There are a number of legal issues that can arise during a divorce. One issue that can be more contentious than others involves child support obligations. Child support payments are designed to better ensure the financial well-being of children after their parents’ divorce.
In theory, this obligation seems straight forward. Parents should have some level of financial accountability for their children. In actuality, determining a proper amount for child support can be a very difficult process.
How are child support payment obligations determined in Pennsylvania? The amount of child support payment that is required from a parent is determined in accordance with the Pennsylvania Support Guideline. Pennsylvania’s Department of Human Services notes that this guideline was set up in an attempt to better ensure that children receive the same portion of parental income that they would receive if the parents were not divorced.
Determining a number based on this goal can be difficult. Courts can take a number of factors into consideration in an attempt to better ensure the support payment is fair. Three broad factors generally taken into consideration by the court include:
- Income. The income of each parent will be reviewed by the court.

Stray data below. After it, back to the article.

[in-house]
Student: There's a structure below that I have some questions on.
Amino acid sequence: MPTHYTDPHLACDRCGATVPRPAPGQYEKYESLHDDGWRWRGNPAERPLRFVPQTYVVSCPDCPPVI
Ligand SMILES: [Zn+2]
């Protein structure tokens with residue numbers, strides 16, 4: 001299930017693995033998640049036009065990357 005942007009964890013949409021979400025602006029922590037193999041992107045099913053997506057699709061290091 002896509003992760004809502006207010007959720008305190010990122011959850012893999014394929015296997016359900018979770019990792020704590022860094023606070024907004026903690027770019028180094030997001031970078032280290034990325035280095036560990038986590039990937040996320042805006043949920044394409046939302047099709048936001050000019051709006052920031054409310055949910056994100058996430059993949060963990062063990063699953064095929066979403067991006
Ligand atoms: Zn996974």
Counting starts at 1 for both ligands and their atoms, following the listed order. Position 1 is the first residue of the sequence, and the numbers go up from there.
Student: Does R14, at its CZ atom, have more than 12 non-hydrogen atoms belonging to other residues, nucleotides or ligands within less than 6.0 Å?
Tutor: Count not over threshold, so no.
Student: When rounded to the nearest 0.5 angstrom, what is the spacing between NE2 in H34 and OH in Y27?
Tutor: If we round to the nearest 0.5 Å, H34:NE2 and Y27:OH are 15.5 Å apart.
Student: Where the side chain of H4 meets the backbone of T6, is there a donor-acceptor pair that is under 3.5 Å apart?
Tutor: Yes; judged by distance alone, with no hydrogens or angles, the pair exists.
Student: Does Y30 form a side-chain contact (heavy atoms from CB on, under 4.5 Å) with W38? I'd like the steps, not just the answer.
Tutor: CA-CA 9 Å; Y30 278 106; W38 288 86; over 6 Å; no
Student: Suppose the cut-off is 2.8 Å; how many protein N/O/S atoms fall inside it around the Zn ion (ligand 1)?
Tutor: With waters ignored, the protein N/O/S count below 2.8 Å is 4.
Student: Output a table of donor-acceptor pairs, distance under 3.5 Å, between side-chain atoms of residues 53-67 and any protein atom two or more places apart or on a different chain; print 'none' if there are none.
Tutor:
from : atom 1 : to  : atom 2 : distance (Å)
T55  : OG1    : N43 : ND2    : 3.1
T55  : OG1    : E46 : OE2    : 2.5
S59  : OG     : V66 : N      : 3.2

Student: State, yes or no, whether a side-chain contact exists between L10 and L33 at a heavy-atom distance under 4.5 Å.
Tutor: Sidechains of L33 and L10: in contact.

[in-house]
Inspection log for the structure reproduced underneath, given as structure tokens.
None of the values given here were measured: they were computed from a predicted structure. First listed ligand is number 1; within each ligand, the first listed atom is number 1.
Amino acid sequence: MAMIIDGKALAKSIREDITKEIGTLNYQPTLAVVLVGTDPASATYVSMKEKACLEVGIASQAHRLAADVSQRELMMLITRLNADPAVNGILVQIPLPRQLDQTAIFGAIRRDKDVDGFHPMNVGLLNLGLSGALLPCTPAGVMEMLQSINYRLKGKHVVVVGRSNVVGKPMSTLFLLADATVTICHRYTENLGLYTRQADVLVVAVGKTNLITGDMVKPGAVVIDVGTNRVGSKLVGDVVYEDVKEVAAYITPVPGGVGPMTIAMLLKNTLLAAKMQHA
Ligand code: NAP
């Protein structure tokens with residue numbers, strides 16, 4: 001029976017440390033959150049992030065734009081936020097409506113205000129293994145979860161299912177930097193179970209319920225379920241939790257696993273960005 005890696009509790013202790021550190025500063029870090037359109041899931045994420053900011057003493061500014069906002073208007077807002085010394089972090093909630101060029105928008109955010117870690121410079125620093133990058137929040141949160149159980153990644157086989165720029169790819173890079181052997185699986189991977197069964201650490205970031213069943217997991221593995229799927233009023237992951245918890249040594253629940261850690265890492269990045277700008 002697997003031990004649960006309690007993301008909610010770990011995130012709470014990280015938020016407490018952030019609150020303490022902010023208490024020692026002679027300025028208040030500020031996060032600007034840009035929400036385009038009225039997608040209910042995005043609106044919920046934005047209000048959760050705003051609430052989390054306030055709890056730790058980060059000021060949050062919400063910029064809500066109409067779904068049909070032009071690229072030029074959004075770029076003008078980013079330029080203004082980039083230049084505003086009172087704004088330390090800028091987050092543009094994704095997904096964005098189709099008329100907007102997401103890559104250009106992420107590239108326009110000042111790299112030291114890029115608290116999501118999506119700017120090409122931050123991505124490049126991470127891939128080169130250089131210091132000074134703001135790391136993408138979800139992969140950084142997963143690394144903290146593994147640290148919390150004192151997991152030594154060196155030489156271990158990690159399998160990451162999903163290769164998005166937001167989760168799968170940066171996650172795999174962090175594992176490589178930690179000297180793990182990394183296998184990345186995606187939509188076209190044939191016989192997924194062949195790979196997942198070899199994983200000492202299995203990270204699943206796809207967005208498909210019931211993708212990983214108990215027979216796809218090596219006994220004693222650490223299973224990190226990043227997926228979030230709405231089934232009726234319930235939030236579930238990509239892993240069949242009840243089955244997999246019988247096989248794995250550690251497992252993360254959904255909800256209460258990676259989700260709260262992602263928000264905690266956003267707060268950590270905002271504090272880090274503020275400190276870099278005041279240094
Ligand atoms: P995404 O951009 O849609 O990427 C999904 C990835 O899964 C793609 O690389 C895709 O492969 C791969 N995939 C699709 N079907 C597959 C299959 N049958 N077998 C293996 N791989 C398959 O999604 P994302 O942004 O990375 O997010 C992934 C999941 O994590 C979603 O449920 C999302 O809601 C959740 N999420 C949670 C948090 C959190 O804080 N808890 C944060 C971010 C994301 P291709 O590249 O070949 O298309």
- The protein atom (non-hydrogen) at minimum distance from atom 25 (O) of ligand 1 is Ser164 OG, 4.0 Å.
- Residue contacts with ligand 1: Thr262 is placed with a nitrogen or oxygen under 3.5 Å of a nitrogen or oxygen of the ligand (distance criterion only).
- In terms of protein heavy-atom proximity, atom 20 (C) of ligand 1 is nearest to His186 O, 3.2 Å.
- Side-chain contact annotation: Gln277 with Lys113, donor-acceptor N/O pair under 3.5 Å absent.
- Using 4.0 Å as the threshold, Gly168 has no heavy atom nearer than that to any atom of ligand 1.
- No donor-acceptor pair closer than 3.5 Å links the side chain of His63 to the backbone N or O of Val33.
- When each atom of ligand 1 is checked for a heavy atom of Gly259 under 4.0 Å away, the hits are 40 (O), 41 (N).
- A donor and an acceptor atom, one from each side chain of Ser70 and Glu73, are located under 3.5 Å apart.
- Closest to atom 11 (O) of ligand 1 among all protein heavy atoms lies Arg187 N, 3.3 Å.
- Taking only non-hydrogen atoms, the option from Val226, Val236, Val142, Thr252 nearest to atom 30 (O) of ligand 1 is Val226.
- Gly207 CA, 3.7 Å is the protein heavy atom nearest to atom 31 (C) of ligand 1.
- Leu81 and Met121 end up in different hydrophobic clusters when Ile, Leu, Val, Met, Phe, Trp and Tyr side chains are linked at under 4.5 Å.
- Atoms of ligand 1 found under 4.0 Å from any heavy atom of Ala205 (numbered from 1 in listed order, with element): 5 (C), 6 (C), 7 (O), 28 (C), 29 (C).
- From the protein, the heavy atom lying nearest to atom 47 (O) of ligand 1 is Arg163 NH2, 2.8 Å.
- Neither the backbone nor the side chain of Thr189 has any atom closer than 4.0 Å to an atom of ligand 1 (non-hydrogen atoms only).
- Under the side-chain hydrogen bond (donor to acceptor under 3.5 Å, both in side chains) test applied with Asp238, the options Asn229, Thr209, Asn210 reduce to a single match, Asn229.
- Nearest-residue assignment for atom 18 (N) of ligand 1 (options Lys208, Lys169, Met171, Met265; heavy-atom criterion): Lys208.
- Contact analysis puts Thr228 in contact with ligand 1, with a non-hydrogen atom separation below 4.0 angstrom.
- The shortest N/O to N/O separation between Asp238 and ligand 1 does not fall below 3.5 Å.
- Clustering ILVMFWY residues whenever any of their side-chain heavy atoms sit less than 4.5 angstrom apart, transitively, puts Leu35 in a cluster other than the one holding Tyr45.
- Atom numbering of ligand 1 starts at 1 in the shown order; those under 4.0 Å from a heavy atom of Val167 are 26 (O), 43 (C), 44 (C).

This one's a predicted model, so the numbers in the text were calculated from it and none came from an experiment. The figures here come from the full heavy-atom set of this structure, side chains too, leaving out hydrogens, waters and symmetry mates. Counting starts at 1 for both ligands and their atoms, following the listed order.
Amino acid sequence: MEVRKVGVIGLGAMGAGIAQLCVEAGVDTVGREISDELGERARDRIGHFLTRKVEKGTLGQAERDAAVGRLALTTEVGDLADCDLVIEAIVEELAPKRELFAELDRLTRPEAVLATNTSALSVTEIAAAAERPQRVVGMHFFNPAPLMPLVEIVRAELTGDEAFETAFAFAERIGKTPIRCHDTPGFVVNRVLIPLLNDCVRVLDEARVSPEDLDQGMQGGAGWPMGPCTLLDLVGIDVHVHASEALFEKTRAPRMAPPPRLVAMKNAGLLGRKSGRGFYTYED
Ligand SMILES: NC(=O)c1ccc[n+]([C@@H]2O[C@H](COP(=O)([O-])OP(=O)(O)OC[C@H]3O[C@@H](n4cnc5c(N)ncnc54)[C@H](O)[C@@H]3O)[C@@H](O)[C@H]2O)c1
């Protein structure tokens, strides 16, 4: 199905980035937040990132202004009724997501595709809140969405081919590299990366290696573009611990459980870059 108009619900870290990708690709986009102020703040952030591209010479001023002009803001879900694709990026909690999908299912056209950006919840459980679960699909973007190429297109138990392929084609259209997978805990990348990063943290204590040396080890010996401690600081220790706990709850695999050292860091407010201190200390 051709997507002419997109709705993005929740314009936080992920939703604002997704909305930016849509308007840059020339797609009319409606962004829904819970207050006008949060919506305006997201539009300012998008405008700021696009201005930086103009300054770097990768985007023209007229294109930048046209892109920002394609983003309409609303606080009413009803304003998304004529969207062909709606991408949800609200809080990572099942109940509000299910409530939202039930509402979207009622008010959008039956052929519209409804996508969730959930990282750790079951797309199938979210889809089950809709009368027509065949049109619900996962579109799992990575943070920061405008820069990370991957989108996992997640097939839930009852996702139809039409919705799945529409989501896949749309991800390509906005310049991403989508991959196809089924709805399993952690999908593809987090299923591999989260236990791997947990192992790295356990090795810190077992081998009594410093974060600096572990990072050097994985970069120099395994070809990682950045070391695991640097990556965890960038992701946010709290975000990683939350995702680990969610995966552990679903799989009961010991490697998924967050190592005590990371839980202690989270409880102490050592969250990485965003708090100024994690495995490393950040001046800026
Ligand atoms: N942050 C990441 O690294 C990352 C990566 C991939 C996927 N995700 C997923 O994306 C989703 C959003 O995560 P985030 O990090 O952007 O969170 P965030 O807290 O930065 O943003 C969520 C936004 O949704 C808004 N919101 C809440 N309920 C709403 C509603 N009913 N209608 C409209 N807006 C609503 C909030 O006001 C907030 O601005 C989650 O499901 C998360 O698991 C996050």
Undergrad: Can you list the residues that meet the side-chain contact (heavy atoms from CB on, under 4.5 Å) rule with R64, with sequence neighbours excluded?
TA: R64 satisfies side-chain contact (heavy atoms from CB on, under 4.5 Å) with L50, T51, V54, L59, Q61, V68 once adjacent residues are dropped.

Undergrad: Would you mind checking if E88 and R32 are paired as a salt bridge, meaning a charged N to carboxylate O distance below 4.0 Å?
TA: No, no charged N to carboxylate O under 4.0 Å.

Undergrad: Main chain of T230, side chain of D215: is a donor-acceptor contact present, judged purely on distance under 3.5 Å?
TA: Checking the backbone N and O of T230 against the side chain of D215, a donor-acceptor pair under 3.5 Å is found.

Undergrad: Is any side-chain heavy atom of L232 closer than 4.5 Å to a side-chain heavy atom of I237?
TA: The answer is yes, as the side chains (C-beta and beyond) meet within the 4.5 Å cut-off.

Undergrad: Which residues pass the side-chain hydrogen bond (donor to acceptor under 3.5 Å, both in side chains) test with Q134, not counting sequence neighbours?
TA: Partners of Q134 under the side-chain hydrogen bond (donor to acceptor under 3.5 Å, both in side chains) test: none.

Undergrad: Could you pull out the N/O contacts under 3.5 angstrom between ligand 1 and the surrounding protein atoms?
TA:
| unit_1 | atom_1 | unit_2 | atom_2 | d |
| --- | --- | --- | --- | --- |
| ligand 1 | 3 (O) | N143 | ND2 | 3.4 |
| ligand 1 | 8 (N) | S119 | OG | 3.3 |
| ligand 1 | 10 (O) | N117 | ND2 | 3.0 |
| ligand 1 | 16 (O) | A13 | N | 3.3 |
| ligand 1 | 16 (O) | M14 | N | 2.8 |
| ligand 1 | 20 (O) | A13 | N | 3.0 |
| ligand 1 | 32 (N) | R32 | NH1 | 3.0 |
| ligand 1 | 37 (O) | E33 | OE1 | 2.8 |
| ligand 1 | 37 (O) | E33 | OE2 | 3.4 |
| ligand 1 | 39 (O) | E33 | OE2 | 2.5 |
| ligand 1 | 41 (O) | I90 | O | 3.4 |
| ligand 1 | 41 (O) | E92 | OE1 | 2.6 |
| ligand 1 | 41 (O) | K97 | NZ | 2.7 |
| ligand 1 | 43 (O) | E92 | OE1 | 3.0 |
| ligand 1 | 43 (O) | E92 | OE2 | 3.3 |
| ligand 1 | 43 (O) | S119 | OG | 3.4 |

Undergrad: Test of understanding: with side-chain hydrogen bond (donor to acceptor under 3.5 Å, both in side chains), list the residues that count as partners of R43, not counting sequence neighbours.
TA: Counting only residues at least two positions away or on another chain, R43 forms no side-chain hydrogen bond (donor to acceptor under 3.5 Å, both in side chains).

- Expenses. This consideration can include the cost of everything from the basics like insurance, childcare and clothing to things that may be available for a higher standard of living like vacations and private education if either parent enjoys such a standard.
- Number of children. 70 percent of child support orders in Pennsylvania involve families with one child. Approximately 25 percent of remaining orders are for those of families with two children. The average order amount generally increases with the number of children.
The Guidelines are not an easy document to review, let alone apply. Even these three broad considerations can have variables depending on each family’s unique situation.
As a result, those who are going through a divorce are wise to seek legal counsel. Your attorney will be able to explain how the Guidelines likely apply to your situation, helping to advocate for you and your children’s rights while better ensuring the final obligation is in your children’s best interests.